(All PC dwarves  are outcasts.)

Saturday, August 16, 2014

How do you take your tea?

The goblins of Feywode, that dangerous fairy-tale other-place which borders some few worlds, are of course personifications of petty human emotions.

But what then of the Goblin Farm, and do you drink the tea?

The goblins at the Farm are helpful, friendly, and kind. Sure they smile their crooked smiles, showing their crooked teeth, but there is genuine glee in their shining eyes. They are truly pleased to have you as a guest.

But do you drink the tea?

So far as the sages know, this is only place in the Feywode where the opium-smoke tendrils of Narcosa do reach. Nevertheless, the Goblin Farm appears to be quite wholesome and pastoral.

Sure the goblins grow some hemp, but they’ll offer you the finest rope you’ve ever seen and refuse even a half-penny in payment. If you do show some interest they’ll gladly give to you of their finely carven pipes, as well. Oh those are certainly poppy fields, but don’t they just glow so red, in the morning sun? However, have you a game knee then shall their apothecaries give to you finely incensed tinctures of the poppy’s dew.

Ah, and their great brews: those fields are barley and rye, and there, just past them to the south, yes just there, are those not the finest sun-soaked vineyards your eyes have ever seen? Their beer is blessed good, hearty and light, sweet and sound. Their wine would make the sourest sommelier weep so sweetly. And that whiskey? It tastes of summer days, smoky evenings, and oak shaded back lanes. Try them all, they won’t insist, the goblins just smile and bring you all the more.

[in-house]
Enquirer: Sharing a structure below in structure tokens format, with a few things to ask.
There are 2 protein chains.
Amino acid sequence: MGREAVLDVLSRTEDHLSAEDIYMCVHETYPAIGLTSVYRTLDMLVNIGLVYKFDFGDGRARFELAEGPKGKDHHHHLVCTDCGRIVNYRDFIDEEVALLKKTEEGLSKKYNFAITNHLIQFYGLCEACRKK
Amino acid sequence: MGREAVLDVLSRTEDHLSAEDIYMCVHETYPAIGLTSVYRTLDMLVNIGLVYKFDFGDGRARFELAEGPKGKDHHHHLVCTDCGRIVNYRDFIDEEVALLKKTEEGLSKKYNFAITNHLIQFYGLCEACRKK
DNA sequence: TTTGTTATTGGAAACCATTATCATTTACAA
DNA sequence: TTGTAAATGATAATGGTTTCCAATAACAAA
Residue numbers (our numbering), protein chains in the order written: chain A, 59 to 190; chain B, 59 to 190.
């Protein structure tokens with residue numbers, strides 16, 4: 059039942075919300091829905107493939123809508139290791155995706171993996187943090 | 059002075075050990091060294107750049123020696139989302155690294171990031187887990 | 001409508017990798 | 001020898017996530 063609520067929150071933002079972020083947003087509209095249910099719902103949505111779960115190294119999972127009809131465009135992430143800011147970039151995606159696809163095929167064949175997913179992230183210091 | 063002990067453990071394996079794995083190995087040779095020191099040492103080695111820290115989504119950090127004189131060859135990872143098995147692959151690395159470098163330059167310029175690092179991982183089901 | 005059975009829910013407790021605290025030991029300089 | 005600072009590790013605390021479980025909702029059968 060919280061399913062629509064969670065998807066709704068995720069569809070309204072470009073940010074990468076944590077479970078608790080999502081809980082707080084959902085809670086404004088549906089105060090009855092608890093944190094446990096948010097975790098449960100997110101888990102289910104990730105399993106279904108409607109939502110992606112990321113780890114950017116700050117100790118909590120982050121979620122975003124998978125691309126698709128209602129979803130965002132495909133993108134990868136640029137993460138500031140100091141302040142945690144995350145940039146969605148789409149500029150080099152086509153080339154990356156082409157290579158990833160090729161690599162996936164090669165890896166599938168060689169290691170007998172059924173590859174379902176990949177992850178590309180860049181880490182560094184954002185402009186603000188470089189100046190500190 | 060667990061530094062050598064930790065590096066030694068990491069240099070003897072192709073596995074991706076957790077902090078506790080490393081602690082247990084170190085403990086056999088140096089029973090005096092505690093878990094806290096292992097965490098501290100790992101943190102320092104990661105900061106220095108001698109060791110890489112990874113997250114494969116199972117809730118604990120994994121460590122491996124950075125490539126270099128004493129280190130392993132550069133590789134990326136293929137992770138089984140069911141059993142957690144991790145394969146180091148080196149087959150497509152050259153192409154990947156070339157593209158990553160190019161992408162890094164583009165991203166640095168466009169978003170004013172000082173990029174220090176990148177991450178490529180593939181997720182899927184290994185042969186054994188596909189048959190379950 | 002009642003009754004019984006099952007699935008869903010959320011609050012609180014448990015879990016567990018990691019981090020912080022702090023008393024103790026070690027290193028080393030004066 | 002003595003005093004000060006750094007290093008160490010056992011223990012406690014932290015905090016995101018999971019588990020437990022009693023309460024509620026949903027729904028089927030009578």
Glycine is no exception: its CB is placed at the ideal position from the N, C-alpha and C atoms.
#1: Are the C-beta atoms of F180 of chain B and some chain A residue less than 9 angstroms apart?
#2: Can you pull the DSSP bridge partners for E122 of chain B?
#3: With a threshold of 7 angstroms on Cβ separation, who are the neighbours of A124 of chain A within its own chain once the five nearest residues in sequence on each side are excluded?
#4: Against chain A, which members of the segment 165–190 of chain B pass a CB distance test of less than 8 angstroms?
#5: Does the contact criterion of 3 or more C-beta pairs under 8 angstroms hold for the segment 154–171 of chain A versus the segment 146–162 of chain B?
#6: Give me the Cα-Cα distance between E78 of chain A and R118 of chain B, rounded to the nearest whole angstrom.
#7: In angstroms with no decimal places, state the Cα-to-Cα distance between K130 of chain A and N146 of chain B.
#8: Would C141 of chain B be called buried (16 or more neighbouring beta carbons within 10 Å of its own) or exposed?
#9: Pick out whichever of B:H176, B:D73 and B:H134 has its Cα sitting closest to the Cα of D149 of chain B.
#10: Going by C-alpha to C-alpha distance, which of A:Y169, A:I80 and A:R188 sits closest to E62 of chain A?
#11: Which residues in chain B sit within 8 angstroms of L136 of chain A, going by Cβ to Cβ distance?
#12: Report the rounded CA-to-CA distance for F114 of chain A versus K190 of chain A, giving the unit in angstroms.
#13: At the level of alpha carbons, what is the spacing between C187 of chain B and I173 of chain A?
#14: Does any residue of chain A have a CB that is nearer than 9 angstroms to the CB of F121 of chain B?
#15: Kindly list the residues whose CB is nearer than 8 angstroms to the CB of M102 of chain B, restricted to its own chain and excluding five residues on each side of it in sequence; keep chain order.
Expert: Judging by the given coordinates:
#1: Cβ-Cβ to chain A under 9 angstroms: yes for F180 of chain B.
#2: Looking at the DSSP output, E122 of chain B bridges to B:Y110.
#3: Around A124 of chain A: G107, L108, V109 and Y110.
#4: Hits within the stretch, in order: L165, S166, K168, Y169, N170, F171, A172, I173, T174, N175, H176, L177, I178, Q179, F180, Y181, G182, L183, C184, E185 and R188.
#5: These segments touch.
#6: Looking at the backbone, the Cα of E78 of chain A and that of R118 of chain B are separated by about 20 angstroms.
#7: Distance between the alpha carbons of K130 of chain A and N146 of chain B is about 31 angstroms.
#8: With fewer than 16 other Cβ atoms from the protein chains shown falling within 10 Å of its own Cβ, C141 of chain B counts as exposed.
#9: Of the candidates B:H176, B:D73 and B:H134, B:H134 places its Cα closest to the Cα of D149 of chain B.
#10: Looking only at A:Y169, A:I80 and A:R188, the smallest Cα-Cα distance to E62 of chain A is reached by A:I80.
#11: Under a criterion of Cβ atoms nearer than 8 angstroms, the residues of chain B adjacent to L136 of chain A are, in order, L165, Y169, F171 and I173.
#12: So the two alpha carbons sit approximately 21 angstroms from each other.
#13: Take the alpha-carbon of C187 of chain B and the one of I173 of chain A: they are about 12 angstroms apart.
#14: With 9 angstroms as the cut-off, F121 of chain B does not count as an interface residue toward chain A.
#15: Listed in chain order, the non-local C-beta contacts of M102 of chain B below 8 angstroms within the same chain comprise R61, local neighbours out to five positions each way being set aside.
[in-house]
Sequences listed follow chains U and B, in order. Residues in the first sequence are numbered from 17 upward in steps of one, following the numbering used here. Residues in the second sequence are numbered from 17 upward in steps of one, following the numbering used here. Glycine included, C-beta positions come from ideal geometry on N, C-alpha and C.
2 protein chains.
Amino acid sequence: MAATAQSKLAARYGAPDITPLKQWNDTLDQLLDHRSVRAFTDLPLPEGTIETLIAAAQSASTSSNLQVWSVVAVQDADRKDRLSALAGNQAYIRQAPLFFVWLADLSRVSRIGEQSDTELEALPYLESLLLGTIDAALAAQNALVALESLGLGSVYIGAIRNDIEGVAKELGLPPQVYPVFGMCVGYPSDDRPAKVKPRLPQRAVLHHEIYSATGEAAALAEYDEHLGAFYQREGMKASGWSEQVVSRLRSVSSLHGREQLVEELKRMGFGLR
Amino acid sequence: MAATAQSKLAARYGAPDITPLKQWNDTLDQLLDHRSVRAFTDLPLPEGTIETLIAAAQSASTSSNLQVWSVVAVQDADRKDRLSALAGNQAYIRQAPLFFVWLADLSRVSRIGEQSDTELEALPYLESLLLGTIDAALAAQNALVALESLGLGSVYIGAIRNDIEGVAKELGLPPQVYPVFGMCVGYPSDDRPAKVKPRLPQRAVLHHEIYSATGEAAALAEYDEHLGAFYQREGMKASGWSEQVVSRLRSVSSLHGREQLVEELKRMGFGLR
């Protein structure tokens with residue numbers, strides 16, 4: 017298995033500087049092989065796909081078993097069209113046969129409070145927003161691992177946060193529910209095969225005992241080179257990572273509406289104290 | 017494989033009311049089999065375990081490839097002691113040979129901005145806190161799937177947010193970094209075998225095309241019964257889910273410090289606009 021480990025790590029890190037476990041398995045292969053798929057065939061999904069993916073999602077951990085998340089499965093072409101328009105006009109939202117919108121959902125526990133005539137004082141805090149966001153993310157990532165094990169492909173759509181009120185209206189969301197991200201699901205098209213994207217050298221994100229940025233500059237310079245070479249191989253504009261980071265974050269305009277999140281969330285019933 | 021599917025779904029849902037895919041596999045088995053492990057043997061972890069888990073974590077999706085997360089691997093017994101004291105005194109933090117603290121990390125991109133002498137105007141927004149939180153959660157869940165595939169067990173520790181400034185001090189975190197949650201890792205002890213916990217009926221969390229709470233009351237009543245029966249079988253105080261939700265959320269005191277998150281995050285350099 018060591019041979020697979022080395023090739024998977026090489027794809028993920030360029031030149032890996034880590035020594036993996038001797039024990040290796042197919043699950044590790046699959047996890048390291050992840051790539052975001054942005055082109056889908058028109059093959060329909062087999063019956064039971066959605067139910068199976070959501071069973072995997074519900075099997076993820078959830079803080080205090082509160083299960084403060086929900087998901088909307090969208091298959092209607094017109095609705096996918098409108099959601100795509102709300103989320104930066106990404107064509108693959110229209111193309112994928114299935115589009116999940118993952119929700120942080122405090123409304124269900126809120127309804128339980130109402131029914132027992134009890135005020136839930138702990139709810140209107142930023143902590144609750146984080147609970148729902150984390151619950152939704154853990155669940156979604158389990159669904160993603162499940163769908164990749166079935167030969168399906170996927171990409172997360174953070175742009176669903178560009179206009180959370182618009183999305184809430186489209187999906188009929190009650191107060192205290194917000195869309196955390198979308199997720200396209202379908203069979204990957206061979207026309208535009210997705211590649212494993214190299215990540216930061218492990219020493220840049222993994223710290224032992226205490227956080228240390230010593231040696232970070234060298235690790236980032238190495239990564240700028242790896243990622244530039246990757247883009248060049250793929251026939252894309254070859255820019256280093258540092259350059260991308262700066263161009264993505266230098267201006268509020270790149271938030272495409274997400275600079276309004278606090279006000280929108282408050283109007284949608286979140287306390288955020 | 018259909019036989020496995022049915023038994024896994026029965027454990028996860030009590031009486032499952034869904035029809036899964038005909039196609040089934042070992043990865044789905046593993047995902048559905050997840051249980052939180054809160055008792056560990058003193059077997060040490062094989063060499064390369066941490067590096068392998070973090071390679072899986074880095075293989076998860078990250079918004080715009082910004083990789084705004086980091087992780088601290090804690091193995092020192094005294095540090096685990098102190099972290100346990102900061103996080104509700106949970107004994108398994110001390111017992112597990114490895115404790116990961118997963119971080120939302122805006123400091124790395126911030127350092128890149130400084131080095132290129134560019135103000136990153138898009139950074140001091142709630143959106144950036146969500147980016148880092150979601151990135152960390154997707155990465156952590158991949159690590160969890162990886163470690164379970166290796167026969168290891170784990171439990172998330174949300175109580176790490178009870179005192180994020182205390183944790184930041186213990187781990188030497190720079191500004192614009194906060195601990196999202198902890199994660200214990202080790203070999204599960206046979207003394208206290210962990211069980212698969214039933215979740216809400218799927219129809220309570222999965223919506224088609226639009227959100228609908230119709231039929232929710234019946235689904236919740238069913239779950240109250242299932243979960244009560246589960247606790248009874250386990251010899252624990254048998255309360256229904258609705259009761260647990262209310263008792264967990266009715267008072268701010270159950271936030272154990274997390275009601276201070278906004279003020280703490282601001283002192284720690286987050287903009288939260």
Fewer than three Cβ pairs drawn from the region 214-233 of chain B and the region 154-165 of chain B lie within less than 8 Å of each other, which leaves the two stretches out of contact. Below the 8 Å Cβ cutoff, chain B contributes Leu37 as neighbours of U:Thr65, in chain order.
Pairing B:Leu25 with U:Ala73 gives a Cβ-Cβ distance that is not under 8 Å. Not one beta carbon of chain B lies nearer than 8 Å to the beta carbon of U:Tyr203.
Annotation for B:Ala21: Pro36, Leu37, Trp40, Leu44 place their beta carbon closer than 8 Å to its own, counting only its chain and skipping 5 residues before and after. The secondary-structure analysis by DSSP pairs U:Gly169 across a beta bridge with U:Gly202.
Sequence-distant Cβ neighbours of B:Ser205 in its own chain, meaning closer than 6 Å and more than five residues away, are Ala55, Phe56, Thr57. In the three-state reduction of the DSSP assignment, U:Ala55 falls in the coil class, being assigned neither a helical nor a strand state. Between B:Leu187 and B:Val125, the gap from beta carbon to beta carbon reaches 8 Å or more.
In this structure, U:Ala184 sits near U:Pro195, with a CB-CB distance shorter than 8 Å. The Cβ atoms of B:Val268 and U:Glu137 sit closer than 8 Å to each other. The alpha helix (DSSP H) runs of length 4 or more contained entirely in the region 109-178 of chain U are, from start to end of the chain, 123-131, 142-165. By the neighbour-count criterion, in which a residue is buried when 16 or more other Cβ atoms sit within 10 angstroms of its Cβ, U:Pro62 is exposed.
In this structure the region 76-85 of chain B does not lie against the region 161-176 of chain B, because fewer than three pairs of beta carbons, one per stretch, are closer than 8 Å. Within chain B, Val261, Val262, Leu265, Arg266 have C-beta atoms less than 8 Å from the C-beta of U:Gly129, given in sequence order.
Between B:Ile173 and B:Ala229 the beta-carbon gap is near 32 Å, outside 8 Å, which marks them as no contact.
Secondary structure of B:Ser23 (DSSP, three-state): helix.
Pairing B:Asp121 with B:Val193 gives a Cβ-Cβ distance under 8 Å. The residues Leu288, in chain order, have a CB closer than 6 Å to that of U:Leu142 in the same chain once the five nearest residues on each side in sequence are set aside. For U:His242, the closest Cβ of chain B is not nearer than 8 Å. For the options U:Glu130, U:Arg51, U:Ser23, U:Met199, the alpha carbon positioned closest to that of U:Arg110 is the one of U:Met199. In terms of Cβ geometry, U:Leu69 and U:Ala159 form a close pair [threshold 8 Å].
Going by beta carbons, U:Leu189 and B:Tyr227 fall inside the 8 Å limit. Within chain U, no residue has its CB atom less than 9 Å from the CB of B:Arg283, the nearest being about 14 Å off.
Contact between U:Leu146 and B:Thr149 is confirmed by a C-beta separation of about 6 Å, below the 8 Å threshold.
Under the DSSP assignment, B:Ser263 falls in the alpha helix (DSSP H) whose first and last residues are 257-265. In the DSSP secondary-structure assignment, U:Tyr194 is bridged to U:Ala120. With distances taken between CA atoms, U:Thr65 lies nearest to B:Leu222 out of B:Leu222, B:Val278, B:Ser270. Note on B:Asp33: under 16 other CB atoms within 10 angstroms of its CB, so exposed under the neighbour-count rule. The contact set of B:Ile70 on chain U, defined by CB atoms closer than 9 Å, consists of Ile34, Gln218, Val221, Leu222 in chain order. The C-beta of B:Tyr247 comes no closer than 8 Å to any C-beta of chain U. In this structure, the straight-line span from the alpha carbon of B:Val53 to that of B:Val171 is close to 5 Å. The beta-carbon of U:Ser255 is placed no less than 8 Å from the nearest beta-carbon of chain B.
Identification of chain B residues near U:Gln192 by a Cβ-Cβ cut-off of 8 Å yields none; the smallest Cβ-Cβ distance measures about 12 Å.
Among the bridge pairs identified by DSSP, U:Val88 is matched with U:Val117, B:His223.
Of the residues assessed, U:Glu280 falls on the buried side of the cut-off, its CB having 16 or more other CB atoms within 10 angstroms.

But do you try their tea?

They’ll feed you full of barley stew and melons overripe. They’ve such cheeses as to please any and all types.

But would you take some tea?

And did you see, that mirrored pond? It is where the blessed lotos grows. Some fine plum-blushed mornings, I’ve seen them there, goblins you see. They dig amongst the lotos roots in some strange, old-fashioned goblin revelry.

As you see, ‘tis such a grand place, and I shall never wont to leave.

Oh but won’t you try some tea. Can’t you see their sacred motions, portioned so carefully? How they start to offer, but shake their heads so nobly?

They want to share, but can’t be rude and are so afraid you might refuse, oh won’t you take some tea?

Saturday, August 9, 2014

Staff of the Flesh Smith

An ancient wizard, well versed in the transmogrifies of living flesh, forged this staff as his penultimate achievement. It was a powerful tool, aiding in his mad quest to fold back the bounds of nature.